The Spielraum … can address some stuff that is invisible or unspeakable. In doing art, you have a secret space to do whatever you feel like doing, a track without a snare or any silly idea. Even now, when talking about it, it seems almost impossible to defend that idea. But if you just sit there and do the track, you have the feeling that you can try things out and you don’t have to write it down and prove [it].

The sounds of the triptych are very diverse. Which devices and instruments have you used for this record? And is there a difference in terms of used instruments and processes between the three parts of the album?

Yes, there is. For ‘Spielraum’, I used a lot of “incestuous” recording methods, so to speak. I recorded from one computer to another. I recorded with a lot of feedback systems, where one program feeds into the other and also outputs to the other.

For ‘Strahlung’, I used synthesizers more excessively that I used to. I didn’t grow up with them and I don’t really know much about them. I still don’t have any hardware synthesizers, mainly because I don’t have much clue about them and I don’t have a good ear to appreciate the analog quality, even though there is a special materiality to it. But I think all synthesizers have a specific sound, and software synthesizers are still very appealing to me. Also, I once wanted to make a record that could play in the background, which always failed for me [laughs]. So with ‘Strahlung’, I wanted to make one record which I could imagine playing in the living room. And it also corresponds with the idea of the invisible force.

r-n168-2 Artwork. Courtesy the label.

r-n168-2 Artwork. Courtesy the label.

From all three EPs, ‘Strahlung’ is definitely the most friendly; it has these nice melodies, for instance. Actually, the strongest impact on me was the closing track (r-n173 – 8 – 004_1115_26_lv_1_brecs) from ‘Strahlung’, probably because of the contradictory nature of its emotional and melancholic melody and abrasive, mechanical sounds piercing through. Do you remember how you made this track? What was your intention there?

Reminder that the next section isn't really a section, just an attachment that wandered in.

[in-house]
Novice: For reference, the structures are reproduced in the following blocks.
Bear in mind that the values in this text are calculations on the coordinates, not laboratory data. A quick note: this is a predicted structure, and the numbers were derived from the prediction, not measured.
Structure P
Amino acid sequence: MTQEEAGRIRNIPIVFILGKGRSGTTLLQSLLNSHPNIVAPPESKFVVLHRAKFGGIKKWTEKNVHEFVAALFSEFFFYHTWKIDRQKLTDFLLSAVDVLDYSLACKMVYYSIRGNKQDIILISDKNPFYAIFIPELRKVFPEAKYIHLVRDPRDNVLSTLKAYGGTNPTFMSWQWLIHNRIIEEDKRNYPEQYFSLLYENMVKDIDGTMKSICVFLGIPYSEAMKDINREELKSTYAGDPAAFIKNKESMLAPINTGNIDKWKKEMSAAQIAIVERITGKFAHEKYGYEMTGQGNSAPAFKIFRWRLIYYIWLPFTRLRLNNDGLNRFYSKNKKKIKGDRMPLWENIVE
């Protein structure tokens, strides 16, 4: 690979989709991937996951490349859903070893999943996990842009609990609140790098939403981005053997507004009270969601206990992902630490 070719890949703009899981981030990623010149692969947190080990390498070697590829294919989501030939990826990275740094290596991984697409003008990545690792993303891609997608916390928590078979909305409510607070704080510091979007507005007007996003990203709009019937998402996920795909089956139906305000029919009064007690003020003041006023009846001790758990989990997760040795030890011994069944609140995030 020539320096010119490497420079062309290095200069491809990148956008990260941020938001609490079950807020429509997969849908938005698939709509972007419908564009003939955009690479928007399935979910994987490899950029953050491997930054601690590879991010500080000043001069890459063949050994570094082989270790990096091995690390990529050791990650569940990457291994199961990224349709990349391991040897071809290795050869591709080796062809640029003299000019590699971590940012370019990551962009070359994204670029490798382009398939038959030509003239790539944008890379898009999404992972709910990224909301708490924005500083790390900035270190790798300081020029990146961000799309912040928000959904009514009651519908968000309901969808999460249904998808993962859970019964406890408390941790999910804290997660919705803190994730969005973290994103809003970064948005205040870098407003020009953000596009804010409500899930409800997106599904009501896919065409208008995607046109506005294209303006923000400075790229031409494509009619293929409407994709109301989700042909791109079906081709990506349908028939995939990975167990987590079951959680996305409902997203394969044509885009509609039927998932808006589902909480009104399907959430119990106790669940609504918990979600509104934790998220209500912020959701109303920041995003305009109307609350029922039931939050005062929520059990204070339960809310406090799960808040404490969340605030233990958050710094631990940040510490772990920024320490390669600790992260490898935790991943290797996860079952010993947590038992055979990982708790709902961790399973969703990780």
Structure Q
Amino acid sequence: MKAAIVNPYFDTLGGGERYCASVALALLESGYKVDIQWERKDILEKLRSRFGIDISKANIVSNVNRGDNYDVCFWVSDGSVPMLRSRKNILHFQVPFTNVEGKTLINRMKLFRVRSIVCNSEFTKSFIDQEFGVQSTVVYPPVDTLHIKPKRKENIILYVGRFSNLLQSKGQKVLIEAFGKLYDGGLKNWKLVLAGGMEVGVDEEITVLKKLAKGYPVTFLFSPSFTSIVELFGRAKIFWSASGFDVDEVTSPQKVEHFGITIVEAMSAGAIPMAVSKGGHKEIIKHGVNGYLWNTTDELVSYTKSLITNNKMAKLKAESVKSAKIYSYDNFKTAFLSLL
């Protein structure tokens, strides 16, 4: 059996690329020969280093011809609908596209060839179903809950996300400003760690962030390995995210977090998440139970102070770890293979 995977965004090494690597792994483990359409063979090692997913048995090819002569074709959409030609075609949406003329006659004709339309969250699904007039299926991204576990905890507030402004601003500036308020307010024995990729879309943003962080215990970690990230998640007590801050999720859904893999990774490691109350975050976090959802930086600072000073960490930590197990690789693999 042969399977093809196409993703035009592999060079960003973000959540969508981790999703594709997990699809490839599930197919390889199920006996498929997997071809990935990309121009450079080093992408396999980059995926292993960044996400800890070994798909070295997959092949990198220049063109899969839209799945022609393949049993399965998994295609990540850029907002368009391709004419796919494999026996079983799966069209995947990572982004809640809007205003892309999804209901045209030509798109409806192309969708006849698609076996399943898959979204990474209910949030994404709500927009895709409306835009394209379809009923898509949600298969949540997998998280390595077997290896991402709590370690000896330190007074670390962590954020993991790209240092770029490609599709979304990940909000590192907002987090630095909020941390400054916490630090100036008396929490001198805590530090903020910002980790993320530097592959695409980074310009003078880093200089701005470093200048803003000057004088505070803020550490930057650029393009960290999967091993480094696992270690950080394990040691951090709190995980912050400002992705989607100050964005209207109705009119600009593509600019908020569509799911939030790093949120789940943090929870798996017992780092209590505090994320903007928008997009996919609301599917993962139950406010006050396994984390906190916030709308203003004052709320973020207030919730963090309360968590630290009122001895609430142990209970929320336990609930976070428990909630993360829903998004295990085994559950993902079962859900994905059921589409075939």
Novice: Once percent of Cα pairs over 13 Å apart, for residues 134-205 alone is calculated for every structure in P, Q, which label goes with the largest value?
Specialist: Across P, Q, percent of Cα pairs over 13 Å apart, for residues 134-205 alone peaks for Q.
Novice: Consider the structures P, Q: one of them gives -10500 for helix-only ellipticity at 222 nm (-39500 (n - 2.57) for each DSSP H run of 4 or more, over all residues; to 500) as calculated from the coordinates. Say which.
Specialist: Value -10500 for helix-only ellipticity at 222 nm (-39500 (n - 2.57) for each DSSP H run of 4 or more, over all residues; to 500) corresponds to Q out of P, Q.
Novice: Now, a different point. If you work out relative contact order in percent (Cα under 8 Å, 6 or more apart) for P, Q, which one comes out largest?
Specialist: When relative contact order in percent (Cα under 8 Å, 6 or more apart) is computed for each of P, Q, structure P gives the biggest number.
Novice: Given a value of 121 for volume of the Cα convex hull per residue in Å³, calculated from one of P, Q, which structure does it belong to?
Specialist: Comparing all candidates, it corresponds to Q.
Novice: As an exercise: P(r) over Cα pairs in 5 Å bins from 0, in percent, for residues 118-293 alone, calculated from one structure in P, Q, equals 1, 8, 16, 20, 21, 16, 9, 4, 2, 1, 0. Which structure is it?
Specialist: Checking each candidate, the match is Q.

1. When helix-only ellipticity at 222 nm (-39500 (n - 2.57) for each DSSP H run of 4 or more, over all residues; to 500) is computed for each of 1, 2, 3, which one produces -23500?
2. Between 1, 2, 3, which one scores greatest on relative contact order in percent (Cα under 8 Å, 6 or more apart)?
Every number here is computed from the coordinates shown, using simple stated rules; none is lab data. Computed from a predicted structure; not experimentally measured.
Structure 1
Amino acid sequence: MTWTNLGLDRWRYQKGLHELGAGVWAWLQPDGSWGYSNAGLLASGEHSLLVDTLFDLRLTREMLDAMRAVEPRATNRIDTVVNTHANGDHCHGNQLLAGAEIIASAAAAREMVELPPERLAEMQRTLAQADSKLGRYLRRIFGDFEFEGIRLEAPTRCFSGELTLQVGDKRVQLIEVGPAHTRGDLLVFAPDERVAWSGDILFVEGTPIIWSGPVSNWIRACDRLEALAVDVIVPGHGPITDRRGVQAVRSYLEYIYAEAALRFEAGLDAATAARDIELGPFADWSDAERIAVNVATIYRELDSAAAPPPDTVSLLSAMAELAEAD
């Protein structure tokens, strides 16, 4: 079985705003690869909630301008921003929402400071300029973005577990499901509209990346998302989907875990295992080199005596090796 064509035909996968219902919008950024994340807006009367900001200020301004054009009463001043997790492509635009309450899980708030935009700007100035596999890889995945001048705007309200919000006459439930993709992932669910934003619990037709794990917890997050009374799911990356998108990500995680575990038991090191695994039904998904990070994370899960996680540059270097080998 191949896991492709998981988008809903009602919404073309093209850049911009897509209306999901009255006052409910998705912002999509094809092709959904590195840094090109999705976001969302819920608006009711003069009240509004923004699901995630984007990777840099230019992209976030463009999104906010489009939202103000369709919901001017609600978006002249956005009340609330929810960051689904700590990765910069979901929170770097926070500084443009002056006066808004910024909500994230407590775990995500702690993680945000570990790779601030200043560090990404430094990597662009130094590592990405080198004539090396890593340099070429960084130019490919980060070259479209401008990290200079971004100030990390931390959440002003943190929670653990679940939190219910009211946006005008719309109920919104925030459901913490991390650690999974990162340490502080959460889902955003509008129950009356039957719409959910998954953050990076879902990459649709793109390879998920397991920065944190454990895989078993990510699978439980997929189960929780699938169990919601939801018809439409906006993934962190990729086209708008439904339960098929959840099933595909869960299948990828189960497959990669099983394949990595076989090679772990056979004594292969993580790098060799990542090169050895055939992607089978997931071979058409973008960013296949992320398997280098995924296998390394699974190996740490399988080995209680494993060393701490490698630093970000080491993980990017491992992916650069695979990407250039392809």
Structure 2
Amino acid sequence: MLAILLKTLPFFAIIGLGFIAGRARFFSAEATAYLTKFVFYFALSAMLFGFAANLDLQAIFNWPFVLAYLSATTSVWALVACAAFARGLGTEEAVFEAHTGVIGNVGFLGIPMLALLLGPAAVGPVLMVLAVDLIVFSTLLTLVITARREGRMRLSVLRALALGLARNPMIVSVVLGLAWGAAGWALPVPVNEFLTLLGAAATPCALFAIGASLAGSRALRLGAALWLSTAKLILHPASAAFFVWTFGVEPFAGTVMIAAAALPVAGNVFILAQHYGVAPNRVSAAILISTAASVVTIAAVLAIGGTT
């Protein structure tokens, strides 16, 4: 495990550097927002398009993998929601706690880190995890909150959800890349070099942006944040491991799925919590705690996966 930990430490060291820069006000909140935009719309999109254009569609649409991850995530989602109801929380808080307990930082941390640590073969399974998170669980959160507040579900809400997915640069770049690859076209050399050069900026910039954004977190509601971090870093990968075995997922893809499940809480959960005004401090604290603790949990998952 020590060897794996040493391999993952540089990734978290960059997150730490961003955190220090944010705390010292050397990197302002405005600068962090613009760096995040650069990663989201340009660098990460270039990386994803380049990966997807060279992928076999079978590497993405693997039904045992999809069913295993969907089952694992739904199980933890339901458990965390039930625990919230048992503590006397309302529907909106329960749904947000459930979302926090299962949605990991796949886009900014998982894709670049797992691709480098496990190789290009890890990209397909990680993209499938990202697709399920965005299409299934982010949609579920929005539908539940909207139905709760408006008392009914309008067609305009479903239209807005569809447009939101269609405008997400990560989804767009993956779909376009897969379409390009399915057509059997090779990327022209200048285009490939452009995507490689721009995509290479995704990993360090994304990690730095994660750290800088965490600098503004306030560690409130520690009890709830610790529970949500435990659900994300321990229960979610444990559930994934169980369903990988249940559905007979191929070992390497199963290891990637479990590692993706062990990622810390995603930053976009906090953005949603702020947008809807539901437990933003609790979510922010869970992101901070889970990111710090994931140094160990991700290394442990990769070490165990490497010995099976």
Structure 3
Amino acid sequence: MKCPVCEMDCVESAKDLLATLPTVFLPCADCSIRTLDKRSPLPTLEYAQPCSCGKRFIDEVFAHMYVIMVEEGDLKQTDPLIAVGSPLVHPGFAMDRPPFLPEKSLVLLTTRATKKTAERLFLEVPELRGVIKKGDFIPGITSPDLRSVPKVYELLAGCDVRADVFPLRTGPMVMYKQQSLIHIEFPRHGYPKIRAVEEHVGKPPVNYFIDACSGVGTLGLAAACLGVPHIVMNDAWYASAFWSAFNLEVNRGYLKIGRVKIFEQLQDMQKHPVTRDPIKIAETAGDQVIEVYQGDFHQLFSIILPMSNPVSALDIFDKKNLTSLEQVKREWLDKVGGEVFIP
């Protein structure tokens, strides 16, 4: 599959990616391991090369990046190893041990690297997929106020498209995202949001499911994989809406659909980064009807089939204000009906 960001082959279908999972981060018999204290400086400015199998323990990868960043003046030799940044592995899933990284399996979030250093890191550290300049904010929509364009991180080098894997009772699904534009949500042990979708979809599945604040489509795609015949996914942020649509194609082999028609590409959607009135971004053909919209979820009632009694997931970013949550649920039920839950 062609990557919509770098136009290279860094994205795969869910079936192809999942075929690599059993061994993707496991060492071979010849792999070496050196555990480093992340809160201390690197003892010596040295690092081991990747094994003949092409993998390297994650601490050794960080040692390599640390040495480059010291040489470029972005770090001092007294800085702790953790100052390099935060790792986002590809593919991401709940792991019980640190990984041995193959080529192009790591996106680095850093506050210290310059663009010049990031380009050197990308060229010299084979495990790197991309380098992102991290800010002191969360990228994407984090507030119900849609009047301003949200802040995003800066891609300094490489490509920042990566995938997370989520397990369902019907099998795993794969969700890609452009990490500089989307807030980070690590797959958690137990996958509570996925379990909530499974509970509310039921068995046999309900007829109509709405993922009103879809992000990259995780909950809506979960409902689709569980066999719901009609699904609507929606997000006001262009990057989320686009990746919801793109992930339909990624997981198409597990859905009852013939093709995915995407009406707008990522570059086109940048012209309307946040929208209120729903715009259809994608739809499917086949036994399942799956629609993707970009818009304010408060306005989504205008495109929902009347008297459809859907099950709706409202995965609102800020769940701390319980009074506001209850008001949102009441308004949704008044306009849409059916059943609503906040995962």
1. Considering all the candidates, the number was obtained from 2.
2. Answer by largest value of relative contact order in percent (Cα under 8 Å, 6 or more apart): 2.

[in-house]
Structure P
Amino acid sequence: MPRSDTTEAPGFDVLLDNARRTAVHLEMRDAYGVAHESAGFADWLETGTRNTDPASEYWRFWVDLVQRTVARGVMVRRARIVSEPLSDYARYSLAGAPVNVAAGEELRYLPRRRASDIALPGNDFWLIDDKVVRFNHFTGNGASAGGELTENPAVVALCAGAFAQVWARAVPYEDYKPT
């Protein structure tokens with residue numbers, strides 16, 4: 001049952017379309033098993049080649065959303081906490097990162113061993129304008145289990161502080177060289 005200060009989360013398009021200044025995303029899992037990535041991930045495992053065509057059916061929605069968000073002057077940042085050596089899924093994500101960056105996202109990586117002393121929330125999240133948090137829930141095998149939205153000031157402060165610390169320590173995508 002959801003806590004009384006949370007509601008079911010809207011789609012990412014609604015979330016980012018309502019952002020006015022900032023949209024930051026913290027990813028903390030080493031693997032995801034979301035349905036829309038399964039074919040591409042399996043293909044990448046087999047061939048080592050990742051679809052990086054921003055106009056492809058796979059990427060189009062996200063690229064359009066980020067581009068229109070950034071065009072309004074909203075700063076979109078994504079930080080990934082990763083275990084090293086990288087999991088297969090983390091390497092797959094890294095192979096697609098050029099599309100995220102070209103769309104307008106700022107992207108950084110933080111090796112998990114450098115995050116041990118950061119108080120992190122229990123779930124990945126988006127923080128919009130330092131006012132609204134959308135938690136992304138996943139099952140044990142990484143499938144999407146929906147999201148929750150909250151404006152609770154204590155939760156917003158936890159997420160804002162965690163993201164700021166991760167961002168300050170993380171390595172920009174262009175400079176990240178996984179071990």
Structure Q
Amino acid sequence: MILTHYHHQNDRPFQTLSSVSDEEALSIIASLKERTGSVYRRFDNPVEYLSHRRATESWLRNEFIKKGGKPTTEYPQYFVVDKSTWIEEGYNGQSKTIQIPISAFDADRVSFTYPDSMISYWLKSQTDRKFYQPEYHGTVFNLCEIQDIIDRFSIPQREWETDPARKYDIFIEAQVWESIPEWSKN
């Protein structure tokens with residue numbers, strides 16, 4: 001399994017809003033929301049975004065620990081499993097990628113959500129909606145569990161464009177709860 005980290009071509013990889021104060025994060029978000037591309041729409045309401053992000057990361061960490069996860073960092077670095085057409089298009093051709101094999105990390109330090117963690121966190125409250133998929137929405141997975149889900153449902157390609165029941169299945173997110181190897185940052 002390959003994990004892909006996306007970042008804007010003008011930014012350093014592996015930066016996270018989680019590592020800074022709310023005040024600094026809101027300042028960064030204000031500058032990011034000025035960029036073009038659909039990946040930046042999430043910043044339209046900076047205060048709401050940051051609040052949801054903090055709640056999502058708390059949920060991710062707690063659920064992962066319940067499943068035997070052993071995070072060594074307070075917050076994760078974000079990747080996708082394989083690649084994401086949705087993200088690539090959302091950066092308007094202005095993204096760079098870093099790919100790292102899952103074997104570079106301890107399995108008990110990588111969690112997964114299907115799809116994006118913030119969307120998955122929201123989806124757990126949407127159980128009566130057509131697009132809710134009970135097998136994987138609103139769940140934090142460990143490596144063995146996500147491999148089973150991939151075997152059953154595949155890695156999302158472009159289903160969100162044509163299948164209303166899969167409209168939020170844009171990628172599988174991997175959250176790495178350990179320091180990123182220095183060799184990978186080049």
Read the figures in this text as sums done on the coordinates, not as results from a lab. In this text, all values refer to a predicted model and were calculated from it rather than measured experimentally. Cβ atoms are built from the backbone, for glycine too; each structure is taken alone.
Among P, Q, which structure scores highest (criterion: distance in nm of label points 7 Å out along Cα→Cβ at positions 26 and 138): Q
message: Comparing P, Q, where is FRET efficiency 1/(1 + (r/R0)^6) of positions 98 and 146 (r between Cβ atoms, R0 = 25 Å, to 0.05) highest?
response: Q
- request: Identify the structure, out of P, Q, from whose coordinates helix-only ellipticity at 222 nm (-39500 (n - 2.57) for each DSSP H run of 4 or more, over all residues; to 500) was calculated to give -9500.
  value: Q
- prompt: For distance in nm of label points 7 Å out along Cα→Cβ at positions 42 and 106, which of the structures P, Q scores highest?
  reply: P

I don’t remember exactly. But this track was actually meant to reconnect the listening circle of the record, its end and the beginning. So I imagined that a listener would listen to it and then start playing the first track of Spielraum again.

Apart from the digital synthesizers, what else have you used for the album — which software, for example?

I used Reason, including its Subtractor synthesizer, which is a really nice one, plus Ableton for most parts of the sequencing. I used [Celemony] Melodyne, for its nice algorithm, where you can manually slide through a polyphonic source without boundaries and divide the material in voices. Although it’s quite complex and I can’t get my head around it, it’s really fascinating.

For ‘Allgegenwart’, I used a noise suppressor. If you raise the level of a noise suppressor… you can just feed it with the background noise and it will generate a very eerie, ghostly sound, because it tries to find a tonal signal in it. It’s like a synthesizer which isn’t meant to be a synthesizer.